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What is DMARC and how to set it up

DMARC, which is the short form of Domain-based Message Authentication, Reporting, and Conformance, is a TXT record added to your domain's DNS records that allows you to detect and prevent spoofed email (for example, with a spoofed sender). The DMARC policy tells the receiving email server what to do after checking the SPF (Sender Policy Framework) and DKIM (DomainKeys Identified Mail) records, which are other email authentication methods.


A DMARC record stores the DMARC policy of a domain. DMARC records are stored in the Domain Name System (DNS) as DNS TXT records. A DNS TXT record can contain almost any text that a domain administrator wants to associate with their domain. One way that DNS TXT records are used is to store DMARC policies.

For example, a DMARC domain record might look like this:

Name Type Content
_dmarc.domain.tld TXT v=DMARC1; p=quarantine; adkim=r; aspf=r; rua=mailto:postmaster@domain.tld;

The DMARC policy determines what happens to an email after SPF and DKIM records have been checked. The email either passes or fails the SPF and DKIM checks. The DMARC policy determines whether failure will result in the e-mail being marked as spam, blocked, or delivered to the intended recipient. Later, the recipient of the email may send a report of these incidents to the domain owner.

Note: Email servers may mark email as spam even if there is no DMARC record, but DMARC provides clearer guidance on when to do so.


The domain.tld domain policy may be as follows:

"If an email fails the DKIM and SPF tests, mark it as spam."

These policies are not recorded as human-readable sentences, but rather as machine-readable commands so that email services can automatically interpret them. This DMARC policy would actually look like this:

v=DMARC1; p=quarantine; adkim=s; aspf=s;

What does this mean?

  • The v=DMARC1 means that this TXT record contains a DMARC policy and should be interpreted as such by email servers.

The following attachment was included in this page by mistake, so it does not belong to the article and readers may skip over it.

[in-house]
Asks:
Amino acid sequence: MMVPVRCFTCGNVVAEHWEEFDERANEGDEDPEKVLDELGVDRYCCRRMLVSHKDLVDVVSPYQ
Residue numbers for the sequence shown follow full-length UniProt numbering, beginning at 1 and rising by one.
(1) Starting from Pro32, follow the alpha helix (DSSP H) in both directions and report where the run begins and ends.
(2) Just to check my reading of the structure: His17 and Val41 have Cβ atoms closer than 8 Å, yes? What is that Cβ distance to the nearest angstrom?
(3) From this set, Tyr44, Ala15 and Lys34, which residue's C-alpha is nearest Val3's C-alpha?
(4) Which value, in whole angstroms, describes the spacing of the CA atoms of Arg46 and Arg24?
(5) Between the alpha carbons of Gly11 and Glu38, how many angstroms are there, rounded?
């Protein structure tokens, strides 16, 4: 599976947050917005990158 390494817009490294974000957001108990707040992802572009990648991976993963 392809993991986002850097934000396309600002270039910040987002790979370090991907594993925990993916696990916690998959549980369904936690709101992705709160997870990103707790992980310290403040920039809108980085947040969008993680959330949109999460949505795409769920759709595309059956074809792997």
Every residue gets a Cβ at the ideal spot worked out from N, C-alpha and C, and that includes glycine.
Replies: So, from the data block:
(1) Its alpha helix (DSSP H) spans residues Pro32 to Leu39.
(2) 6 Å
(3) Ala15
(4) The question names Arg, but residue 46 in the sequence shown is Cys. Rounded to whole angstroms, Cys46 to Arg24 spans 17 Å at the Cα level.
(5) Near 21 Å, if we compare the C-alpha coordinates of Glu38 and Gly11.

• The p=quarantine indicates that email servers should quarantine emails that do not conform to DKIM and SPF - they consider them potential spam. Other possible settings include p=none, which allows emails that fail to pass, and p=reject, which instructs email servers to block emails that fail.
  • The adkim=s means that DKIM checks are "strict". This can also be set to "relaxed" by changing "s" to "r", for example adkim=r.
  • aspf=s is the same as adkim=s, but for SPF.

"asf" and "adkim" are optional settings. The "p=" attribute specifies what the email servers should do with emails that do not meet the SPF and DKIM requirements. If the domain.tld administrator wanted to tighten this policy even more and signal more strongly to email servers to consider unauthorized messages as spam, he would modify the "p=" attribute as follows:

v=DMARC1; p=reject; adkim=s; aspf=s;

This basically says, "If the email fails the DKIM and SPF tests, don't deliver it."

The DMARC policy may contain guidelines for sending messages about emails that do or do not pass DKIM or SPF. DMARC reports are extremely important because they provide the domain administrator with the information they need to decide how to modify their DMARC policy (for example, if their legitimate email fails SPF and DKIM or if a spammer is trying to send illegitimate email).

The domain.tld administrator may add a rua section to the DMARC policy to send periodic notifications of usage:

v=DMARC1; p=reject; adkim=s; aspf=s; rua=mailto:postmaster@domain.tld;

Domains that do not send email should still have a DMARC record to prevent spammers from using the domain. The DMARC record should contain a DMARC policy that rejects all email that does not meet the SPF and DKIM requirements (which should be all email sent by the domain).